African-Americans In Combat
African-Americans have fought for the United States throughout its history, defending and serving a country that in turn denied them their basic rights as citizens. Despite policies of racial segregation and discrimination, African-American soldiers played a significant role from the colonial period to the Korean War. It wasn't until the middle of the 20th century that African-American soldiers began to receive the recognition and equality they deserved.
The beginning of the 20th century was marked by World War I, and thousands of African-Americans rushed to register for the draft. Their enthusiasm stemmed in part to defend liberty and democracy in Europe, but also from the opportunity it gave them to prove that they deserved greater rights at home. Their enlistment rate was high, as was their desire to serve on the front lines. However military leaders believed that African-Americans did not have the physical, mental or moral character to withstand warfare and they were commonly relegated to labor-intensive service positions. The majority saw little combat.
Still, worthy contributions were made to America's war effort and one outstanding example was the 369th Infantry Regiment (known as the "Harlem Hellfighters") which served on the front lines for six months, longer than any other American unit in the war and made notable due to the fact that they had received less training. During this time the unit never lost any prisoners or territory to the enemy. France awarded the entire unit with Croix de Guerre, that country's highest military honor and 171 members of the regiment were awarded the Legion of Merit.
In the lead up to and during World War II the military establishment continued to maintain that African-Americans soldiers were not as capable as their white counterparts and needed more intensive leadership. Despite the continuing discrimination, more than a million African-Americans volunteered to serve in the Armed Forces in the fight against Hitler.
As the war progressed attitudes began to slowly change. Some African-Americans were trained in elite positions never offered previously, such as the Air Force, and some units were desegregated for the first time at the Battle of the Bulge. In just a few years the Navy, Marine Corps and Coast Guard made significant advancements in the treatment of their African-American personnel.
World War II was a watershed for race relations within the Armed Forces, and it marked the beginning of the end for racial separation within military units. In 1948 with the demand for civil rights mounting, President Harry S. Truman ordered desegregation of the Armed Services and equality of treatment and opportunity without regard to race, color, religion or national origin.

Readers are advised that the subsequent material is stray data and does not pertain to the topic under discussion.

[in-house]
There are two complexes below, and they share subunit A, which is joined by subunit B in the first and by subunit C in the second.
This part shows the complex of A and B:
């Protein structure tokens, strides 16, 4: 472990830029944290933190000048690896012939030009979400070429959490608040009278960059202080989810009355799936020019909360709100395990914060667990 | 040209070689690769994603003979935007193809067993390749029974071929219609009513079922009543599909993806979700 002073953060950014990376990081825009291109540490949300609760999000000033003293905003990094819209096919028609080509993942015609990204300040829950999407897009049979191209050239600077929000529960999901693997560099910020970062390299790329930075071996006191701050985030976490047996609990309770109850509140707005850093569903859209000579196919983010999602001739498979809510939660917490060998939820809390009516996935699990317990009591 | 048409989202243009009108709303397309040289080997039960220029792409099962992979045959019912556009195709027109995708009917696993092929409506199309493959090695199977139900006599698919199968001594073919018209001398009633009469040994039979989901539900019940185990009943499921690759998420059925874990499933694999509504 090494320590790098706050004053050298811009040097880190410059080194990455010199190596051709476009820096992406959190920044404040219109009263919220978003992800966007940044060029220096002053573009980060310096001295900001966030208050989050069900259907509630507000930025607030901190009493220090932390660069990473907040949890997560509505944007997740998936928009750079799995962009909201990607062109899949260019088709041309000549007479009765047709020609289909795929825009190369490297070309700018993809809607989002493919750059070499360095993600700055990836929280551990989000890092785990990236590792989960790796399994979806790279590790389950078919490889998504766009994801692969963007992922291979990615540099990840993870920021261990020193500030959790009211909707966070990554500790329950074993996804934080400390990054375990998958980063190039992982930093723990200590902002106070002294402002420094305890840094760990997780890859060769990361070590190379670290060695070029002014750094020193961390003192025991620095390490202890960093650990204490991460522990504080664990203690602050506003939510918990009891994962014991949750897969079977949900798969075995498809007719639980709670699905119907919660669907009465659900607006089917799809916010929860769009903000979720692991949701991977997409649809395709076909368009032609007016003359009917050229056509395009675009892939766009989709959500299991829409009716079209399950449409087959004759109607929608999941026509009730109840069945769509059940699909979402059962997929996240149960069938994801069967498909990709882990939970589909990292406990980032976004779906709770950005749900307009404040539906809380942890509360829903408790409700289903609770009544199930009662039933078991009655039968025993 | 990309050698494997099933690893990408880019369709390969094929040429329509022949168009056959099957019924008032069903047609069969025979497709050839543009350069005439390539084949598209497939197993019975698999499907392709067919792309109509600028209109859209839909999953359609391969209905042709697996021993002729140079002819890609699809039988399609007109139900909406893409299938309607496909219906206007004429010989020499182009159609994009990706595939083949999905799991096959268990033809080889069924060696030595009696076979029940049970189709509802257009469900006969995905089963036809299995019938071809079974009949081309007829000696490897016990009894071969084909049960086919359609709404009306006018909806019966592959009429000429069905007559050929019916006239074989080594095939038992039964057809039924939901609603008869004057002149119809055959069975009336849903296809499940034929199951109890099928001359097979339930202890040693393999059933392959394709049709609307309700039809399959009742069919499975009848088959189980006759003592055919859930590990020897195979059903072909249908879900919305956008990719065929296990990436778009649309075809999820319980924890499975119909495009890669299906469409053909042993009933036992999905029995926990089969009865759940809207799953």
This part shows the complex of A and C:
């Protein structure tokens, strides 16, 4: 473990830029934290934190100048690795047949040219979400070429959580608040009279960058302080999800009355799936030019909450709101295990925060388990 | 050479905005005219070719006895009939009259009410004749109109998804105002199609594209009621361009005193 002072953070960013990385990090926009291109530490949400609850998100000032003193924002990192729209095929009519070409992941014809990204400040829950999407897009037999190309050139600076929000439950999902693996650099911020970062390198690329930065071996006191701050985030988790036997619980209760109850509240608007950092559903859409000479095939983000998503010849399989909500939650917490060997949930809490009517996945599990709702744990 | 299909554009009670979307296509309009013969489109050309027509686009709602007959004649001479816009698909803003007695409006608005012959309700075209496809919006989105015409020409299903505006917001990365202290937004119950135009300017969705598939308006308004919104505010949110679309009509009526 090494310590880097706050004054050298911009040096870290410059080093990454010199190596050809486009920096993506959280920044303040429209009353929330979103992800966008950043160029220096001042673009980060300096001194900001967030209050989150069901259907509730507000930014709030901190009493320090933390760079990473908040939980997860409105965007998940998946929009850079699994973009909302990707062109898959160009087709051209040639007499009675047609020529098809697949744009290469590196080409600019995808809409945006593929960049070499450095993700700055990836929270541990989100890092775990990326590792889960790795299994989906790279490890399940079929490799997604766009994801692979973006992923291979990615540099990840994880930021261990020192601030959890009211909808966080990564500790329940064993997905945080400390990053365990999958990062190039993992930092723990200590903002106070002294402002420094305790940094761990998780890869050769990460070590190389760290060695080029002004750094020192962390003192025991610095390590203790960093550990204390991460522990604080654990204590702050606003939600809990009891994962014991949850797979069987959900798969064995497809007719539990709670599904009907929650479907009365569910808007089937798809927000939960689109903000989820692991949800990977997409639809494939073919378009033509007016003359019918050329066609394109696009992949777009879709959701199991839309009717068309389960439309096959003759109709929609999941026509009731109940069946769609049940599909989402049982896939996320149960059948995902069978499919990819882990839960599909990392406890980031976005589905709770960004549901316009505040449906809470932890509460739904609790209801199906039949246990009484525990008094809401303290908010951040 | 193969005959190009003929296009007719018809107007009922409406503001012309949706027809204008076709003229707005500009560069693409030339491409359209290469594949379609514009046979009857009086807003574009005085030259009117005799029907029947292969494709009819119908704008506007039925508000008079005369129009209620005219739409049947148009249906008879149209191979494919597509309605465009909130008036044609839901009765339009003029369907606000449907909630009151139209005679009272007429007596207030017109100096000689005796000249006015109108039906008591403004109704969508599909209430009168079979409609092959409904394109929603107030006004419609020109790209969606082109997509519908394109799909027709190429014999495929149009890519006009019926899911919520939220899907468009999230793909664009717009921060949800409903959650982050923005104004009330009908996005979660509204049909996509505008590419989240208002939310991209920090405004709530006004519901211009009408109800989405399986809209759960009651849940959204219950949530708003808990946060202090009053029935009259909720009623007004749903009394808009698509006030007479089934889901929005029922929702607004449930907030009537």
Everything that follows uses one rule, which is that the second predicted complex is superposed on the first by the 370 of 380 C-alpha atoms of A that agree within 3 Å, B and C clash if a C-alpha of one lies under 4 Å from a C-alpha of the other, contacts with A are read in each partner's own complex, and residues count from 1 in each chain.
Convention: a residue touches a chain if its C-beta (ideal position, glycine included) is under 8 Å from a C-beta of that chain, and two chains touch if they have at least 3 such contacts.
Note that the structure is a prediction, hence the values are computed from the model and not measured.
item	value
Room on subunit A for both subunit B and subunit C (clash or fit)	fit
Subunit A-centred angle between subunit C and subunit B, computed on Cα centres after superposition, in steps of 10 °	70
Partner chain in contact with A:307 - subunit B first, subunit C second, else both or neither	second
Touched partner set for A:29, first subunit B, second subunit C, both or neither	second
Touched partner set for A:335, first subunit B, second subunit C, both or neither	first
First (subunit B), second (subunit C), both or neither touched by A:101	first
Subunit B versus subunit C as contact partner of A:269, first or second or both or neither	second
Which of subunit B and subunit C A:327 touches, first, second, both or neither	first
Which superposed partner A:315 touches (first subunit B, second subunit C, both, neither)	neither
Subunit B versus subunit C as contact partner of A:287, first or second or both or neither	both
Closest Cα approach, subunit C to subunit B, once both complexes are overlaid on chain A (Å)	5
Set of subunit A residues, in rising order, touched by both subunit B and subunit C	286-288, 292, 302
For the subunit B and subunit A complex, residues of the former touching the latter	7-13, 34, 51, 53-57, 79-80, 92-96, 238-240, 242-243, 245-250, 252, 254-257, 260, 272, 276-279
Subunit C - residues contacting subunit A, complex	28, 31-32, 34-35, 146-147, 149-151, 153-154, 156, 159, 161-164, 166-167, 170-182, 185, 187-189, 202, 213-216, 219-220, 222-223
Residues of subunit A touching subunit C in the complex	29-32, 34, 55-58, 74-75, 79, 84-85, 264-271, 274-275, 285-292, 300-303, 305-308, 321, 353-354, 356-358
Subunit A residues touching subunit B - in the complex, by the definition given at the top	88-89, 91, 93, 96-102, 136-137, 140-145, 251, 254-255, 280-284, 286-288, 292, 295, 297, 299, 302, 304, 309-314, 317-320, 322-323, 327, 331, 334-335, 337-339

Reform was slow, however, and it wasn't until 1953 that segregation officially ended when the Secretary of Defense announced that the last all-black unit had been abolished.
The Korean War put this new policy to the test. African-Americans served in all combat service elements alongside their white counterparts and were involved in all major combat operations, including the advance of United Nations Forces to the Chinese border. Two African-American Army sergeants, Cornelius H. Charlton and William Thompson, earned the Medal of Honor.
The 1960s marked a major transformation for African-American citizens in the United States. The decade also marked the first major combat deployment of an integrated military to Vietnam.
The Vietnam War saw the highest proportion of African-Americans ever to serve in an American war. There was a marked turnaround from the attitude in previous wars that black men were not fit for combat - during the Vietnam War African-Americans faced a much greater chance of being on the front-line, and consequently a much higher casualty rate. In 1965 alone African-Americans represented almost 25 percent of those killed in action.
Following the Vietnam War and the phasing-out of conscription, the number of African-Americans volunteering to join the Army grew exponentially, enlisting at rates far above their share of the population. In general African-Americans account for nearly 25% of all enlisted Army soldiers while making up just 13% of the population.
In 1991, forty years after military segregation ended, the Chairman of the Joint Chiefs of Staff, the highest military position in the Department of Defense, oversaw Operation Desert Storm in Iraq. He was an African-American named Colin L. Powell.